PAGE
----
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Old 03-04-2006, 12:46 PM   #1
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Default First Mini Mash, Got a Question

Today I will be brewing my first mini mash. Looking forward to it as it is a step towards my goal of an ALl Grain Brew. I have a question though as far as bringing the grains up to temo. Should I soak the grains with cold water and bring them up to temp slowly? Or should I bring my water up to 150, then add the grains? After this point, I am going to simply put my kettle into the overn at 150 for 90 minutes, then sparge.

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Old 03-04-2006, 02:10 PM   #2
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I've heard techniques detailing both methods, but what most ag'ers do, and what should work for you, is to heat your water up to probably 155-160F and then add your grains which will lower the temp to 150F (you may need to make minor modifications to the temperature). It depends on how much water and grains you're using, but that should be ballpark. Also, I imagine 60 minutes in the oven would more than do it...

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Old 03-04-2006, 02:16 PM   #3
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Bring your water up to 165-170F and add the grain. Since the grain is at room temperature, it will cool the mash down to the target of 152-154F. 60 minutes is plenty, most grains will convert in 20 minutes or so, but unless you want to do starch testing go with 60.

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Old 03-04-2006, 05:05 PM   #4
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The recipe I am using is out of "Beer Captured". Great book that I just discovered. Wish I would have found this book about 10 years ago. Anywho, in the Mini Mash instructions, it calls for a 90 minute mash at 150. Just talked to a buddy of mine who is an AG brewer, and he also said that 60 minutes is plenty. So, 60 it is. Thanks to the above 2 posts for all the help with this mini mash. The brewing starts at about 1400. BREW ON!!!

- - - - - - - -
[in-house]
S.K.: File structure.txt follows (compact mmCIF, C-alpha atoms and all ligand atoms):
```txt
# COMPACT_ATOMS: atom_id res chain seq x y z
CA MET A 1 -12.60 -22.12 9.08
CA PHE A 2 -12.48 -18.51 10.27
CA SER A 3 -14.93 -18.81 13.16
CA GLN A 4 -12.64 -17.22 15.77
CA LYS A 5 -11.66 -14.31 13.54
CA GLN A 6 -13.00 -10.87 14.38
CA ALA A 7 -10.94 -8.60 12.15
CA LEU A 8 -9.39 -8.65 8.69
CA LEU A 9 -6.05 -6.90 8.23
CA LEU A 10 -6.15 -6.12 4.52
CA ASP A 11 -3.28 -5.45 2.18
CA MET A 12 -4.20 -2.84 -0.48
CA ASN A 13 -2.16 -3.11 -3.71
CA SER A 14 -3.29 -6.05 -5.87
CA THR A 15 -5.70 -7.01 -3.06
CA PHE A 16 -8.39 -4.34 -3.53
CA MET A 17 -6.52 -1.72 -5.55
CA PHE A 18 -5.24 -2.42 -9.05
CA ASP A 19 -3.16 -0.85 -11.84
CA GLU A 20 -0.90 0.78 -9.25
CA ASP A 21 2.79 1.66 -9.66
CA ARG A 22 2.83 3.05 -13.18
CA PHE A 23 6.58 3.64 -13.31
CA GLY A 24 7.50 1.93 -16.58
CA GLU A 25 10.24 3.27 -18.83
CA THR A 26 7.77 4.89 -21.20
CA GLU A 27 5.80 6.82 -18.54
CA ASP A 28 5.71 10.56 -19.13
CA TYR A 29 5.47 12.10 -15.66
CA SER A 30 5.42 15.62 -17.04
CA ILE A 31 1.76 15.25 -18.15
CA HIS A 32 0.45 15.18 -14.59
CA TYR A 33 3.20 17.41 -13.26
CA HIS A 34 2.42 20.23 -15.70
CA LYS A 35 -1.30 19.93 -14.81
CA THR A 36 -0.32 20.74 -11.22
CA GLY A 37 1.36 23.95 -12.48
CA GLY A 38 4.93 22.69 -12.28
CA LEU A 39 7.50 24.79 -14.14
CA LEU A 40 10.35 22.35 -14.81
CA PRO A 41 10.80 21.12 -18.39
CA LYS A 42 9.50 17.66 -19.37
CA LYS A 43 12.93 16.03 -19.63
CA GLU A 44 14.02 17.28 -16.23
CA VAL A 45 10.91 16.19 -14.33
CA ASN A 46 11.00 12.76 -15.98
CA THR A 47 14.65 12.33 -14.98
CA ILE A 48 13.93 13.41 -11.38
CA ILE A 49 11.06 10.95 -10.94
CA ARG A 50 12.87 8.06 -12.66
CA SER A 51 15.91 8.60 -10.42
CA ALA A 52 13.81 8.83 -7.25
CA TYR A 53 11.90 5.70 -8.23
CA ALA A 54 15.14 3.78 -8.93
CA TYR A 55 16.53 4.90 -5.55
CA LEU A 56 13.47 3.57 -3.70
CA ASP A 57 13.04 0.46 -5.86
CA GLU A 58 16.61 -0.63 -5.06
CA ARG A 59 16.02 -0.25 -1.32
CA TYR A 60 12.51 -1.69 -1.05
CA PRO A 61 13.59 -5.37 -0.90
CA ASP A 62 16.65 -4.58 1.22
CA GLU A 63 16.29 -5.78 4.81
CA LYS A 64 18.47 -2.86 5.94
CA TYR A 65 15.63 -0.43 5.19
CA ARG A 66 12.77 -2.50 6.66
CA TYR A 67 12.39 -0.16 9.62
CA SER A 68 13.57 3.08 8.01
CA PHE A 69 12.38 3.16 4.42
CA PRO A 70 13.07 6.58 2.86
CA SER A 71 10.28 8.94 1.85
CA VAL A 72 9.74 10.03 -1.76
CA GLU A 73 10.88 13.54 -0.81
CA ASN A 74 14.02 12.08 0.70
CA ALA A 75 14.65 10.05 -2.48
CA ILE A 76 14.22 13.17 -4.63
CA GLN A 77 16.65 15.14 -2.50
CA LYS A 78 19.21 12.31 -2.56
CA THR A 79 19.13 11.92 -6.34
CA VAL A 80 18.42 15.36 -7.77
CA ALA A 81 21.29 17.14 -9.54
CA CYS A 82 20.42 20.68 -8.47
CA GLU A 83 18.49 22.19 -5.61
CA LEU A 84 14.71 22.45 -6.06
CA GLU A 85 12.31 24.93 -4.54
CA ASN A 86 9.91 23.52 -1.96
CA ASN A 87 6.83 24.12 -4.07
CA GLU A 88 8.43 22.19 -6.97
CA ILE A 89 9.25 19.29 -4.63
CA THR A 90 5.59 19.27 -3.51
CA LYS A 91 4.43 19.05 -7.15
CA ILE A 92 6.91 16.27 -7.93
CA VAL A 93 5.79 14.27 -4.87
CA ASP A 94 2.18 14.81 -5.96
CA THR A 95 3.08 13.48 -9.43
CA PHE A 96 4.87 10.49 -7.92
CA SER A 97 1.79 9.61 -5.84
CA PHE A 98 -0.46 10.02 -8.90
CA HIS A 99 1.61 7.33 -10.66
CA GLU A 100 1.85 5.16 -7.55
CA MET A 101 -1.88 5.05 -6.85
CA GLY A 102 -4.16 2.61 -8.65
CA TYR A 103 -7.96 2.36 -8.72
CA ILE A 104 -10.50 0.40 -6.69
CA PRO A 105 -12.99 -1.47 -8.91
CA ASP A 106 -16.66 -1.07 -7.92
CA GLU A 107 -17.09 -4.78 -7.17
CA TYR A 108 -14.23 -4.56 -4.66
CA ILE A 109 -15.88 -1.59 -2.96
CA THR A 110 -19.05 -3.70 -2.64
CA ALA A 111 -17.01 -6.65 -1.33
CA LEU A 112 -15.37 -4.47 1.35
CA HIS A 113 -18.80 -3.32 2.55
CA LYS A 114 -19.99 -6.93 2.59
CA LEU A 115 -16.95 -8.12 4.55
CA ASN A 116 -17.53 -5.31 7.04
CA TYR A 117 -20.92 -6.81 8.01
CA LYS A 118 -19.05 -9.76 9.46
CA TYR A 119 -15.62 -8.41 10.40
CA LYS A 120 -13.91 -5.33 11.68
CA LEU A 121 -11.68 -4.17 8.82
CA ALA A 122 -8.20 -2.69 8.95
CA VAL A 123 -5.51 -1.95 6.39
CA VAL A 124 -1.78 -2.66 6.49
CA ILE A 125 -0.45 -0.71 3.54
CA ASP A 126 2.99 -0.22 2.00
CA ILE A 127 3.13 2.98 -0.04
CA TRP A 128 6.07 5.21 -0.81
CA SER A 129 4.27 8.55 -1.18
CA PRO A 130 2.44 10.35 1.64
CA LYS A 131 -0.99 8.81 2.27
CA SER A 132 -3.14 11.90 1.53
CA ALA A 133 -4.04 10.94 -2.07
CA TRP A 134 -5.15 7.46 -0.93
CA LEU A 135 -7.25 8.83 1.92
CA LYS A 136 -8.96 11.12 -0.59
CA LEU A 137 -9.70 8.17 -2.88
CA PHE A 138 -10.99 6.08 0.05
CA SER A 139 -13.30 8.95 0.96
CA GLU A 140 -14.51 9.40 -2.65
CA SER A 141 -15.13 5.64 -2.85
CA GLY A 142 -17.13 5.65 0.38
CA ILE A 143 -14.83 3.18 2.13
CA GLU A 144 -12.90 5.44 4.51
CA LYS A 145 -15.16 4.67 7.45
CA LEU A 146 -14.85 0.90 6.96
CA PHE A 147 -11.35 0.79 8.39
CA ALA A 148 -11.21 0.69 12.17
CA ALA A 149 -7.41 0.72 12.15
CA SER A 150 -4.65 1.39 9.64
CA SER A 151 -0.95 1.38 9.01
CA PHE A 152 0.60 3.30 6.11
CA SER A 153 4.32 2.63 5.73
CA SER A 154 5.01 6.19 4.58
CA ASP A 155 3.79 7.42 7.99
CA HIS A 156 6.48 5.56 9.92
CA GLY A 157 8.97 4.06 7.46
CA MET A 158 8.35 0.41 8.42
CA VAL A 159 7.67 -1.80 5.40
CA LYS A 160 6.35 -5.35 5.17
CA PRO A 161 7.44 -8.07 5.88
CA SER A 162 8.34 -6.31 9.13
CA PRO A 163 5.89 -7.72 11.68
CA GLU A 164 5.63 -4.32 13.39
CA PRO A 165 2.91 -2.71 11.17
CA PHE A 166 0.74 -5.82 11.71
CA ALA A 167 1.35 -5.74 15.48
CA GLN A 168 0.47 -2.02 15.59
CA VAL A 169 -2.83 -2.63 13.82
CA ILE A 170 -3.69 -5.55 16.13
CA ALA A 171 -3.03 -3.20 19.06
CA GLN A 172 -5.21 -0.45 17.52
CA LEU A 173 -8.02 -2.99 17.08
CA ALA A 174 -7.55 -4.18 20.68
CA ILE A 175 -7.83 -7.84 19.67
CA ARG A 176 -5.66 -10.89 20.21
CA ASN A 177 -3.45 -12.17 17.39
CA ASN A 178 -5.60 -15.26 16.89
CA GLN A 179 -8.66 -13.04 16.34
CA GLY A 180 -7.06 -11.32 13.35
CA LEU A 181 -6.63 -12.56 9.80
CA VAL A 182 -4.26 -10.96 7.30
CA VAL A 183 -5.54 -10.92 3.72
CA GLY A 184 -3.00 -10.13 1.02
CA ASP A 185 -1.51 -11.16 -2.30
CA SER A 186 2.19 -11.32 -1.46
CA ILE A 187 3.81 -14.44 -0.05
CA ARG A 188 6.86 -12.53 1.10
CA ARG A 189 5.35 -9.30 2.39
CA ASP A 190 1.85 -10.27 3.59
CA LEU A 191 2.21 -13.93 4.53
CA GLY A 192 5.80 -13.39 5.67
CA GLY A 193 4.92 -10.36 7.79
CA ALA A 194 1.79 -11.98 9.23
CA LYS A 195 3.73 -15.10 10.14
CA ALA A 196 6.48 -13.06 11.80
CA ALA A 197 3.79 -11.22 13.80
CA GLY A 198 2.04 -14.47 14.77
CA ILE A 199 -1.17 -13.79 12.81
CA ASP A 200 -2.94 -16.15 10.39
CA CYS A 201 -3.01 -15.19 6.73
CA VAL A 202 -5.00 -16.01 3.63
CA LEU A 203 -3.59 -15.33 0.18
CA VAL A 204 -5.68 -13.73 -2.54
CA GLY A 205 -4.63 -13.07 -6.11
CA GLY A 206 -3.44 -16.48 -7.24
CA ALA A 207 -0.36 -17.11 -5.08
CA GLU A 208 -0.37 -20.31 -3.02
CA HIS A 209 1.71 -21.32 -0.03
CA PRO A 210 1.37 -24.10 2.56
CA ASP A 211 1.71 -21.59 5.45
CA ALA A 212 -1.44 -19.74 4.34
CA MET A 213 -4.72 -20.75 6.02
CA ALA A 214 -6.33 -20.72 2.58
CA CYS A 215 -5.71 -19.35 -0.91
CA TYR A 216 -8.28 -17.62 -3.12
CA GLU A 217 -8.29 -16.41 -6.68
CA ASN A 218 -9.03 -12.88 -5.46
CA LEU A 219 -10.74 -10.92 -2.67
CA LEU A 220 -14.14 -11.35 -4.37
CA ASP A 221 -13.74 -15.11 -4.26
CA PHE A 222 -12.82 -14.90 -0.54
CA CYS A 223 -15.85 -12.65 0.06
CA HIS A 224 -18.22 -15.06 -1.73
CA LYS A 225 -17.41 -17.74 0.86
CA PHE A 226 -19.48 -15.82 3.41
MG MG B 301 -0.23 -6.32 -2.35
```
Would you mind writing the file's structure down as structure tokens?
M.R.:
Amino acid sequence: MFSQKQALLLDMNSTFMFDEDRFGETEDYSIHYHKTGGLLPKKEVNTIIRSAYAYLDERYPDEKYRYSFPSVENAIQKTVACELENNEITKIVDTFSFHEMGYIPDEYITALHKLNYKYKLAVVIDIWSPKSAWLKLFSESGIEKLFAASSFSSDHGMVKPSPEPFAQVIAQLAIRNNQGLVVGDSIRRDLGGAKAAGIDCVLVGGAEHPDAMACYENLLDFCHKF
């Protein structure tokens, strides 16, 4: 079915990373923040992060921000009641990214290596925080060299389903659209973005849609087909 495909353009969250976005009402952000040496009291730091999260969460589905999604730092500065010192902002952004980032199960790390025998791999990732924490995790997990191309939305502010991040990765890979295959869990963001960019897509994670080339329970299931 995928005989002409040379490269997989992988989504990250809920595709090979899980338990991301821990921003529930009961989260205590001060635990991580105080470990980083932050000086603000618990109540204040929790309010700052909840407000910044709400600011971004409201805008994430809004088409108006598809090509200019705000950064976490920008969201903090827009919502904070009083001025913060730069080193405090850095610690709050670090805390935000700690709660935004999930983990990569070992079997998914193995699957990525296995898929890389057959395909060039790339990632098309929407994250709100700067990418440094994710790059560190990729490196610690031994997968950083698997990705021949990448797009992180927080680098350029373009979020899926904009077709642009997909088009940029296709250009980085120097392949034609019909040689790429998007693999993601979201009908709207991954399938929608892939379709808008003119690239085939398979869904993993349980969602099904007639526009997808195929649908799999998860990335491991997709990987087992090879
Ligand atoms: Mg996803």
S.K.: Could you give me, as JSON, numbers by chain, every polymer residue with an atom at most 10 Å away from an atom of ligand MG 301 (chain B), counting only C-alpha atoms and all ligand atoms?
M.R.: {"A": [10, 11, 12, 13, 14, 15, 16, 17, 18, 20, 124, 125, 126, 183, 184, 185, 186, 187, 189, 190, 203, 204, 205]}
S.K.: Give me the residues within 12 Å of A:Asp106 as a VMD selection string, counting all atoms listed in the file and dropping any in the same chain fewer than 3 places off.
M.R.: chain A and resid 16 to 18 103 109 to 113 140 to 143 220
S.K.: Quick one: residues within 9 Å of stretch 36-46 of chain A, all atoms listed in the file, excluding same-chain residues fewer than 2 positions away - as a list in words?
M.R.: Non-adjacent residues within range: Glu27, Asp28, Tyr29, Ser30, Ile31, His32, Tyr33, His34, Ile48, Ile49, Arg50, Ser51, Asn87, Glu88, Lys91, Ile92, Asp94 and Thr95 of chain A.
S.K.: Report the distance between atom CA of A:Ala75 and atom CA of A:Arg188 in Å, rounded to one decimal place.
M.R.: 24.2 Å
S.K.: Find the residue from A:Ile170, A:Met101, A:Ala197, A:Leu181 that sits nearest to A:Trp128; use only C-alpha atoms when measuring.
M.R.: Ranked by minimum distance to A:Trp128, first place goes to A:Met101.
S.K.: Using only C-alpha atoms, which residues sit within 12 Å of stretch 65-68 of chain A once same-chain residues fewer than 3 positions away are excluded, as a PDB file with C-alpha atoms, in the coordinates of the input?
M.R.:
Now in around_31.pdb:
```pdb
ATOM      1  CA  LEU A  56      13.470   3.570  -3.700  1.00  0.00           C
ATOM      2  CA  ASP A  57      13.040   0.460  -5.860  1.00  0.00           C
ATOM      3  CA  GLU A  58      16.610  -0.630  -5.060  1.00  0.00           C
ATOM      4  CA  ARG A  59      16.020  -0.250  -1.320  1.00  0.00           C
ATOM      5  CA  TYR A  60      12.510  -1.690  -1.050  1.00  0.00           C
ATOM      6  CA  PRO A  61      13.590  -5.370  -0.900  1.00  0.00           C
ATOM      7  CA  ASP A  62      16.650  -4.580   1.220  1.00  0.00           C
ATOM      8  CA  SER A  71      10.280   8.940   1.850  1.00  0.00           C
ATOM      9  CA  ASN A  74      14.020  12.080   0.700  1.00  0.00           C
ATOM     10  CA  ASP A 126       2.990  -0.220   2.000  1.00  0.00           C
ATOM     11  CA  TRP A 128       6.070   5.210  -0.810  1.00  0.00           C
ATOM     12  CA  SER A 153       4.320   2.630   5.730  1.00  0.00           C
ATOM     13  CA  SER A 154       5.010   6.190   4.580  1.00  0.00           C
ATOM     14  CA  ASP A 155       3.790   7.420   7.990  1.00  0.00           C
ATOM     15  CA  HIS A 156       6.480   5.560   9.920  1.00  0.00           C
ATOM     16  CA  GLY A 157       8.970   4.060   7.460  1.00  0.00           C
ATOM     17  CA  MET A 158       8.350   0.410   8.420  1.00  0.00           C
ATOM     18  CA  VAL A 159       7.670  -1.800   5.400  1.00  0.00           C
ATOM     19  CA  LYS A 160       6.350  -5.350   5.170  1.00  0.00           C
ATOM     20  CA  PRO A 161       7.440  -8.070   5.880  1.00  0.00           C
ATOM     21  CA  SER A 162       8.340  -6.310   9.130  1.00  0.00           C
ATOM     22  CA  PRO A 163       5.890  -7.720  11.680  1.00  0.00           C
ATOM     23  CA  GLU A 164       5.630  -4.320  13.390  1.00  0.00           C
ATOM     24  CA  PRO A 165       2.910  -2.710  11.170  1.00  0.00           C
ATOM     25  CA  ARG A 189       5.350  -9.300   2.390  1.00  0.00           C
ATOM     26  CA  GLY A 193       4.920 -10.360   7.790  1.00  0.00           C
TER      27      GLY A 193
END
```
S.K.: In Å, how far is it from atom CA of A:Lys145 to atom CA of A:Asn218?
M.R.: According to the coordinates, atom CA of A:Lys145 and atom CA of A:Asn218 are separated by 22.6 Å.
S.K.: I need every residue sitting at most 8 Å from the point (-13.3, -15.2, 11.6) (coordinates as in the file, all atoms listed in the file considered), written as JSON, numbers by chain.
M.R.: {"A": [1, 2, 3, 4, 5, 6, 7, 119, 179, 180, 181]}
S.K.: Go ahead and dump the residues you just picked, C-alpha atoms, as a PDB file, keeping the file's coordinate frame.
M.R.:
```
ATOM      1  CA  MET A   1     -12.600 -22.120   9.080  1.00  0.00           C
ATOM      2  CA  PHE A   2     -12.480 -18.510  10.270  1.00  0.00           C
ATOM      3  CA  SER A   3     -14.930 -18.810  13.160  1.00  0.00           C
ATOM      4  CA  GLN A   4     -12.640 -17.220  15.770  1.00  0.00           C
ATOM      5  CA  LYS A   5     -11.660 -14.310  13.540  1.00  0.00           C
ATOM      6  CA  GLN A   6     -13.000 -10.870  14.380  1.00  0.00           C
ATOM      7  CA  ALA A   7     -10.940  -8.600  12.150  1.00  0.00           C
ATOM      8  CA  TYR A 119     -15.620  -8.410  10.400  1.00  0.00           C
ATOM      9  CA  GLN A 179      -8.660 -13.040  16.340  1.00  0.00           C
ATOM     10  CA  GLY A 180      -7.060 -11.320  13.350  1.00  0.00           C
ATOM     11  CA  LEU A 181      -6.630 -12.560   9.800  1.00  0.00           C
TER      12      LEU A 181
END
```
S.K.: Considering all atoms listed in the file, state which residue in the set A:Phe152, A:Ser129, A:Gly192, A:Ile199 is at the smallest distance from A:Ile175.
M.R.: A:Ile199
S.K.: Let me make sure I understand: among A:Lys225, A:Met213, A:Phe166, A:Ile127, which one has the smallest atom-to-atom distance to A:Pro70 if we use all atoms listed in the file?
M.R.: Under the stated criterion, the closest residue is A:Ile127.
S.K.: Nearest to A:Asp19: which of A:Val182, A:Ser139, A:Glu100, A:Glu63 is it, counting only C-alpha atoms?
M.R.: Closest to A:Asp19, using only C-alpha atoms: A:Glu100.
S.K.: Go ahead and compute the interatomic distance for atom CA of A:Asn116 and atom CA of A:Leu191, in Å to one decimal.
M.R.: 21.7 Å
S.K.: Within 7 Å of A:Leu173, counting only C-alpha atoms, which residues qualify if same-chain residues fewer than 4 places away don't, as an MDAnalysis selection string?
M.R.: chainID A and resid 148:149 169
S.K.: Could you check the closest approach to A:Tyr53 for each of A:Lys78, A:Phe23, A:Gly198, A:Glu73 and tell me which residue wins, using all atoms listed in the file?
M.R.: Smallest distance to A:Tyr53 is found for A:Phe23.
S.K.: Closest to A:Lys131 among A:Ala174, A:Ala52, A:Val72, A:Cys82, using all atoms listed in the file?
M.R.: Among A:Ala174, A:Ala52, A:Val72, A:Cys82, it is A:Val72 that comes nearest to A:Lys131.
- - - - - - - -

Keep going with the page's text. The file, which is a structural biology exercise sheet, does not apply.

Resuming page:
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Old 03-04-2006, 05:06 PM   #5
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Oh yeah. The recipe I will be using is on Page 98, Lucknow IPA. The home brewery is from my home state, so I am anxious to see how it turns out.

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Old 03-04-2006, 05:48 PM   #6
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Default mash at 1400!...Sir, yes Sir!...brew-rah!

the only thing i would add is that youre strike temp should be at least 10 degrees higher than the temp at which your going to mash, after mixing in the grain really well its gonna drop at least that much. its easier to drop the temp than it is to raise the temp, so i would heat the h20 to 165-168, and then add the grains.

and dont fret over getting the exact temp, as long as it stabilizes around 150F, give or take a few degrees, youll be allright. brewing is more 'art' than 'science'...

60 min. is fine, i usually do a 2-step mash, (30 min @ 130, 60 min. @ 150),
some breweries do as long as 2.5 hour mashes, but then again they have nothing better to do but brew...i just wouldnt go less than 60 min...

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Old 03-04-2006, 10:29 PM   #7
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You may want to have an extra thermometer inside the oven to check the accuracy. My oven is out by about 20F. Enough to ruin a mash!

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Old 03-05-2006, 01:26 AM   #8
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Had a thermomter in the mash tun during the mash. my oven is 5-6 degrees off. So, I held the mash at around 150 for 90 minutes, then I lautered the mash with 1 gallon of water at 170ish(more around 168), then I did it again with another gallon of water around 168. What an experience!!! My kitchen smelled like my buddies garage does when he AG brews.


I can not wait until my AG system is up and running. Money wise, it may be about 3 more months. Until then, my Mini Mash is the way to go. I took my sweet wort from the mash, brought it to boil, then added my Malt extracts and hops and went from thier. Looking forward to this one as it is a Lucknow IPA.

So, all in all, after 7-8 homebrewed Stouts, a Bock is my next batch. Off to night nights land mah fellow homebrewers. Keep the brewing lamp lit whilst I rest.
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Old 03-05-2006, 02:02 AM   #9
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Quote:
Originally Posted by Ivan Lendl
60 min. is fine, i usually do a 2-step mash, (30 min @ 130, 60 min. @ 150),
some breweries do as long as 2.5 hour mashes, but then again they have nothing better to do but brew...i just wouldnt go less than 60 min...
One thing to keep in mind, when mashing at a temperature where both amylases are active, that the maltose to dextrin ratio is determined by the temperature and the duration of the mash. The longer the mashing time, the dryer the beer will be. If you mash at 153F for 60 min you will have more body than mashing at the same temp for 90 min or longer.

Kai
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